SRINAGAR: Most people in Kashmir think that the BJP's decision to withdraw support from the Mehbooba Mufti-led coalition government was 'part of a grand strategy' of the national party with an eye on the 2019 general election, according to a report prepared by former Union minister Yashwant Sinha-led delegation which visited the valley recently.
"Most Kashmiris believe that the manner in which the BJP masterminded the fall of the Mehbooba Mufti-led coalition government had little to do with the situation in the valley."
"The local perception is that the withdrawal of support was a part of a grand strategy of the BJP with an eye on the 2019 general election," the report by Sinha-led Concerned Citizens Group (CCG) read.
The 80-year-old Sinha, who has been a vocal critic of the current BJP leadership, had quit the party in April and had announced the launch of a campaign to "save democracy" in the country.
The CCG has been engaging in informal talks with a cross section of society in Jammu and Kashmir.
It said the BJP perhaps felt that by going along with the PDP, "an impression was gaining ground that the party favoured secessionists and her policies were more focused on the Kashmir valley to the detriment of Jammu and Ladakh".
"The common perception was that the Narendra Modi government had nothing much to showcase in terms of its achievements for the 2019 general election, there were no new fault lines emerging in Indian polity which could be exploited electorally, hence the fall-back option of using Kashmir to communally polarise the electorate in the state as well as the rest of India."
"The Kashmiris think that the harder the slap on their face, the better the electoral fallout in the rest of India. Most are reconciled, however, to the fact that they have been reduced to a pawn in the larger politics of the BJP," the report read.
The Kashmiris tend to think that the PDP was taken by surprise by the timing of the development as the chief minister was holding meetings at the state secretariat, including the one with the Centre's interlocutor Dineshwar Sharma on June 19, when her fate was being decided in Delhi, the CCG said.
"Had she known what was coming, they felt, she herself would have withdrawn support to pre-empt the BJP and gained political mileage," it said.
On the overall situation in the state, the CCG claimed it was 'alarming' and did not show any signs of improvement.
"The overall political and security situation in the Kashmir valley did not show any indication of improving. While the general public was shedding no tears after the collapse of the BJP-PDP alliance, it was also not enthused by the imposition of Governor's rule. There was a sense of dejection and expectation of worse to come as the discourse on Kashmir seemed to be becoming more aggressive by the day," it said.
"No one expected the Modi government to take a peace initiative. People were already looking beyond the next general election due in April-May 2019 and hoping for a change in Delhi's policies after that. Until then the people believed that harsh security measures or 'danda-raj', as they called it, was likely to continue as the dominant doctrine, irrespective of who implemented it."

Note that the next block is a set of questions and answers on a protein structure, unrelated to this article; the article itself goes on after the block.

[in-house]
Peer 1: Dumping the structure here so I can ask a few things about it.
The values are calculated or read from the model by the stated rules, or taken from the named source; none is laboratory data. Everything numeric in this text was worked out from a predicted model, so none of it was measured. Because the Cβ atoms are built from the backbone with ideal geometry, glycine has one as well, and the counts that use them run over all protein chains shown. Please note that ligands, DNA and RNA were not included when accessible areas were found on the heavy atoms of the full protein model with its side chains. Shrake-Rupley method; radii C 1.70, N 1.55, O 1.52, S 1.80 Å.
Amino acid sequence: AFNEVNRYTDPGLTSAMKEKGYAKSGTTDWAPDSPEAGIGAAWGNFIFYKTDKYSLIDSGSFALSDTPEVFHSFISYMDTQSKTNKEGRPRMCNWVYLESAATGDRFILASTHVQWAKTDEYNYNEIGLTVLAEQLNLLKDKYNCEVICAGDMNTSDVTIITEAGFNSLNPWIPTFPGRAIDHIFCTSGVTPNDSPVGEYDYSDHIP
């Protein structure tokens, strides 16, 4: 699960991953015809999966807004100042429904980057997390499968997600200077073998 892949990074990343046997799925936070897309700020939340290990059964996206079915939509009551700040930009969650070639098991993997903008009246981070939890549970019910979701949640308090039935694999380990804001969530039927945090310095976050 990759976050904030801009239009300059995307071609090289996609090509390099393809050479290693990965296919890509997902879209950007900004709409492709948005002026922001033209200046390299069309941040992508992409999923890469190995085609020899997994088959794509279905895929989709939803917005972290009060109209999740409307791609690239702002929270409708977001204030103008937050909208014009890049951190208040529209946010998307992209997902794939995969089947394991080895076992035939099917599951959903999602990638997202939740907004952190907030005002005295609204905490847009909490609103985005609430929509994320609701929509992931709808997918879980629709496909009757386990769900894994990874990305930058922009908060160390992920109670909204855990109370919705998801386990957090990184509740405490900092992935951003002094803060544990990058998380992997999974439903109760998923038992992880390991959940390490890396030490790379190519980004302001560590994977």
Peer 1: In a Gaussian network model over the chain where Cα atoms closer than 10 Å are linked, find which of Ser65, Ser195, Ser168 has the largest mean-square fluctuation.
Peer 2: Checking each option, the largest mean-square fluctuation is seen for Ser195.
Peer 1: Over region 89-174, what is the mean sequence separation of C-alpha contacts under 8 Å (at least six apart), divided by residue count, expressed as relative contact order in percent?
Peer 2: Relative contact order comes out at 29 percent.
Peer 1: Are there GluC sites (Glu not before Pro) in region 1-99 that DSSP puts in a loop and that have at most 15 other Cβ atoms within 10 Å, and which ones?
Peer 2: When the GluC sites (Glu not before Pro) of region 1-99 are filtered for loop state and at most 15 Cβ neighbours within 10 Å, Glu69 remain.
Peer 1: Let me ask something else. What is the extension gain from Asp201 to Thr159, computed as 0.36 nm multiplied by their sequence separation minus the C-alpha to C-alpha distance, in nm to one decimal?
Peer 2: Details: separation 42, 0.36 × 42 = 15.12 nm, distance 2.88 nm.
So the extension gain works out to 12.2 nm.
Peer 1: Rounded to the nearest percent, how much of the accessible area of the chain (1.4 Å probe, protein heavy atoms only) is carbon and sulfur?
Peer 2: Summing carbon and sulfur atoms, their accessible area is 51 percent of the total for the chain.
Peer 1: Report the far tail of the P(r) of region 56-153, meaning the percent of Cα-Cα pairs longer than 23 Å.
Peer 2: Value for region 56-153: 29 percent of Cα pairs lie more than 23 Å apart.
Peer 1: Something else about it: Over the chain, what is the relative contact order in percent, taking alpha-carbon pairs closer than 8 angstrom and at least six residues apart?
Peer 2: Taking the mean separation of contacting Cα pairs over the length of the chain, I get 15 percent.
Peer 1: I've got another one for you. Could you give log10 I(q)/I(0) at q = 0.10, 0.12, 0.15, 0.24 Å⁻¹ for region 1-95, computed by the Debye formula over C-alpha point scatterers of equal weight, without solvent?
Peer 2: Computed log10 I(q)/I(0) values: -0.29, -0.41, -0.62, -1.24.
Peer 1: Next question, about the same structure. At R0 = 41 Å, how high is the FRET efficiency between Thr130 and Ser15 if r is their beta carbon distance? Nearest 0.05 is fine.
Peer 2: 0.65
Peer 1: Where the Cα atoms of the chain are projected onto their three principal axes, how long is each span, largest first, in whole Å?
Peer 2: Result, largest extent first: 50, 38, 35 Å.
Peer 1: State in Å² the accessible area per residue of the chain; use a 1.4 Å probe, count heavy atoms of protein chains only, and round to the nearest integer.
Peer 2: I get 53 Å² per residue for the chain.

"The change of guard in Srinagar would make no difference. The political space in the valley has shrunk and along with it the prospect of a dialogue for peace has also become distant," the report said.
It said the most disturbing aspect of the present situation was that the Kashmiri youth was "under nobody's control".
"Such was the sense of disempowerment and helplessness among the youngsters that not even parental control seemed to work on those intent on joining the ranks of militants," the CCG claimed.
"There was "glamorisation of violence" among them. The youth read about the lynching of members of the minority community in the rest of India and this probably further "fuelled their antipathy towards the Indian state", it added.
"The overall message that seemed to have gone around was that Delhi either did not recognise the Kashmir issue as political or that even if it did, it did not want to do anything about it. This perception might become very difficult for Indian democracy to deal with, even if there were a change of guard in Delhi in May 2019," the CCG said.
Referring to the Centre's "unilateral ceasefire" for the month of Ramzan, it said most of the Kashmiris felt that there were two positive outcomes of the truce "civilian killings" and "incidents of stone-pelting by protestors" came down drastically "as there were no offensive operations".
"And as a result youngsters did not get in retaliatory action by the security forces. The security forces did not move out unless they had specific information about the presence of militants. This created a positive feeling among the common people," the group said.
The CCG, which visited the valley from June 19 to 23, held interactions in Srinagar with civil society representatives, journalists and political leaders -- including former chief ministers Mehbooba Mufti and Omar Abdullah, Hurriyat leaders Mirwaiz Umar Farooq and Abdul Ghani Bhat.
However, it said, the entire exercise was 'overshadowed' by the political developments leading up to the imposition of Governor's rule in the state and the fear instilled in civil society in the wake of veteran journalist Shujaat Bukhari's brutal murder.